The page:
Our failure to pick up on the opportunities offered by technology is having unacceptable consequences. When I was in Cardiff last year I heard about the absurdity of transferring prisoners from the prison to the court, which were across the road from each other. These transfers are expensive and risky. And every time I talk to police officers they tell me about the amount of time they waste hanging around at court, often on rest days, waiting to give evidence. When cases are adjourned, as they frequently are, they are then required to come back and repeat the process again; all in all a huge waste of time, and more importantly, a huge waste of the valuable resource of the officer.
Both of these problems can be improved simply by using video links. These allow defendants and witnesses to give evidence remotely, which can save time and - most importantly for me - alleviate the stress on victims. We’ve made a good start. In the first half of last year more than 27,000 prison to court video hearings were heard. And since we published the White Paper we’ve launched 48 pilots looking at a range of improvements from more flexible working to implementing over twenty police station to court video links.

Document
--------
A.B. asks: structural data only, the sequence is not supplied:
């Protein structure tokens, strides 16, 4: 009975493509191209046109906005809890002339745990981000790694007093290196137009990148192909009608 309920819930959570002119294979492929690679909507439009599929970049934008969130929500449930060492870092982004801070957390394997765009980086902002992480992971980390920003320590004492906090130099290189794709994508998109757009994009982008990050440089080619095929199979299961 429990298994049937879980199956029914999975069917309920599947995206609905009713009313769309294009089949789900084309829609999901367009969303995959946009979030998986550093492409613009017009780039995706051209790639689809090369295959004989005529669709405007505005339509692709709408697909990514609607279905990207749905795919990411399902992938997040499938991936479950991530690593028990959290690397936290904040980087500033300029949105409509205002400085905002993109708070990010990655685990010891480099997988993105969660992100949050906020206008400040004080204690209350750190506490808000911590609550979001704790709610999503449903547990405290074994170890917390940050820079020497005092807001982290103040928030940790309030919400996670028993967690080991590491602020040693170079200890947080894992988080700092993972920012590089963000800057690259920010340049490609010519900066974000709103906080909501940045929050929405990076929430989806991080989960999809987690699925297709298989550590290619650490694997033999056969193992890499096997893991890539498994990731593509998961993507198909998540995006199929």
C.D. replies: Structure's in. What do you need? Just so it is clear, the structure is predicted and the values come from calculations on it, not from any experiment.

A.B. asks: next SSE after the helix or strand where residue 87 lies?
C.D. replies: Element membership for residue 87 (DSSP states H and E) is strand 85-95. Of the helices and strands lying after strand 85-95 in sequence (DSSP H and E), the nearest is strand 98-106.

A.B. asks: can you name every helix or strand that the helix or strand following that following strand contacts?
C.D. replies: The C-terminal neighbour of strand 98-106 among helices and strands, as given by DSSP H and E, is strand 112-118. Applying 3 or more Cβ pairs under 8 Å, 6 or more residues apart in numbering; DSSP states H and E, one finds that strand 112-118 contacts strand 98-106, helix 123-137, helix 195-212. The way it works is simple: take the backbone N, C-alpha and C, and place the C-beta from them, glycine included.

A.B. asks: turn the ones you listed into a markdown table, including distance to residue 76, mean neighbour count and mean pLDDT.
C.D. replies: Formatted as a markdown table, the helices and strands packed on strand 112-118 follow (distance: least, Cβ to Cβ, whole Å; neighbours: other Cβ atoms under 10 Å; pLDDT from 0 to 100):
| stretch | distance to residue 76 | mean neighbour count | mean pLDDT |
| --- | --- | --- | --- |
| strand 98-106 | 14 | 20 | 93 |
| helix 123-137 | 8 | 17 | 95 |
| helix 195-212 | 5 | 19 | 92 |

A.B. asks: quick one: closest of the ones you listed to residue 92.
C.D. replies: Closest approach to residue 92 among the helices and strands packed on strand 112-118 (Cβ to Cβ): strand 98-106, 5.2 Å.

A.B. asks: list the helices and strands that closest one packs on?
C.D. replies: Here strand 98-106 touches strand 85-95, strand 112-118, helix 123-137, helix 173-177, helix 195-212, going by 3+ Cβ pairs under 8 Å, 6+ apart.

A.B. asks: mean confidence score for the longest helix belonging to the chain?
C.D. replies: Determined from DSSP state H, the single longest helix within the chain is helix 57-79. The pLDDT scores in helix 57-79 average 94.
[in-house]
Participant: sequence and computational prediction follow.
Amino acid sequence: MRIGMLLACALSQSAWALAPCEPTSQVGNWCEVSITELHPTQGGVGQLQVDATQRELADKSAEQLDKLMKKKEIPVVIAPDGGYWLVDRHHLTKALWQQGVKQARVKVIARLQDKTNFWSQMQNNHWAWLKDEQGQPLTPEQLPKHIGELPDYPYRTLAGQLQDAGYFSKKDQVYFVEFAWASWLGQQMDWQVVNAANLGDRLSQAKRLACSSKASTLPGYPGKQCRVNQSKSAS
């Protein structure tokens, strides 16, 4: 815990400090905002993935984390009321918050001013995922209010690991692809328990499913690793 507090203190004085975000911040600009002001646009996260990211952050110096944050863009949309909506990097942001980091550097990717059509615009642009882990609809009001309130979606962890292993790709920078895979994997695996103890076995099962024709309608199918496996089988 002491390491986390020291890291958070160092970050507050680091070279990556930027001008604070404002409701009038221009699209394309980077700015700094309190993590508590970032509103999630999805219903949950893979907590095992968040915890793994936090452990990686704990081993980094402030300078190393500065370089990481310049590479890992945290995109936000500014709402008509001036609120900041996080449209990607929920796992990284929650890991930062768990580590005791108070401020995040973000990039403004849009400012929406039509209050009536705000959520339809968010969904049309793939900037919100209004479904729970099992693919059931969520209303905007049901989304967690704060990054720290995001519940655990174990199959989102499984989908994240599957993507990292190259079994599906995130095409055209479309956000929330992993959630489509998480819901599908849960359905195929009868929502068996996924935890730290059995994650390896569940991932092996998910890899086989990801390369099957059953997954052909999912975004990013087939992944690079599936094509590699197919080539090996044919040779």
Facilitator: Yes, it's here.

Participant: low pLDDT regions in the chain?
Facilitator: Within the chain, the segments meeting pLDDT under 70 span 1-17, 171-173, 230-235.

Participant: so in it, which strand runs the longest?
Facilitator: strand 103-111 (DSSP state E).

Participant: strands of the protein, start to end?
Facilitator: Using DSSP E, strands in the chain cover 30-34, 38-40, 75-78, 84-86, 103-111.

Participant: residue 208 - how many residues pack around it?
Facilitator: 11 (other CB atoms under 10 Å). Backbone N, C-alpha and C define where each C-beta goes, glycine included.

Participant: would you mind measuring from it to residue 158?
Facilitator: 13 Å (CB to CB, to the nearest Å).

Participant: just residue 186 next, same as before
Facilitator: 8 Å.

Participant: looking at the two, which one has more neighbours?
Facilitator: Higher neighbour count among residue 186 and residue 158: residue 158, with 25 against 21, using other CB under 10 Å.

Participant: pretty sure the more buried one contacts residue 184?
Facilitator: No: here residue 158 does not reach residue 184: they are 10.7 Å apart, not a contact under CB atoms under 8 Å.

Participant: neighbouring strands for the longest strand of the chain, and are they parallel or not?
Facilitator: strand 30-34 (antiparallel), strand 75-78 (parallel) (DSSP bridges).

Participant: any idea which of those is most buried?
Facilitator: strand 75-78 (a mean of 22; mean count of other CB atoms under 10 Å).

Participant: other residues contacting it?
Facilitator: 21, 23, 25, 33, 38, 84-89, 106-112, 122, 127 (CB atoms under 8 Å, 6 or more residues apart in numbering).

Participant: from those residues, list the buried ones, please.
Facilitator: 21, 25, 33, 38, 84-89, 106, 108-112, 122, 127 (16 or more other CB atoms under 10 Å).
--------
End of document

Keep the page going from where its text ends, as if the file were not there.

Earlier this year I went to Sutton Coldfield to see for myself this Live Links technology that allows police officers to give evidence in court from a police station. In the last year over 300 police officer hours have been saved in this way, but this is just a tiny fraction of its potential.
So the national promise of Live Links is huge. It is an opportunity to improve efficiency, improve the delivery of justice and improve the experience for the police, witnesses and victims.
Throughout the CJS better use of technology could revolutionise the way business is done, and change is already happening: all magistrates’ courts can receive case files digitally, CPS prosecutors are increasingly using tablets to present cases and the police and CPS are transferring more information online. But there is clearly much more to do.
I want to see much greater use of this technology over the next eleven months as an ambitious programme of work lays solid foundations for a truly digital courts service in England and Wales in 2013.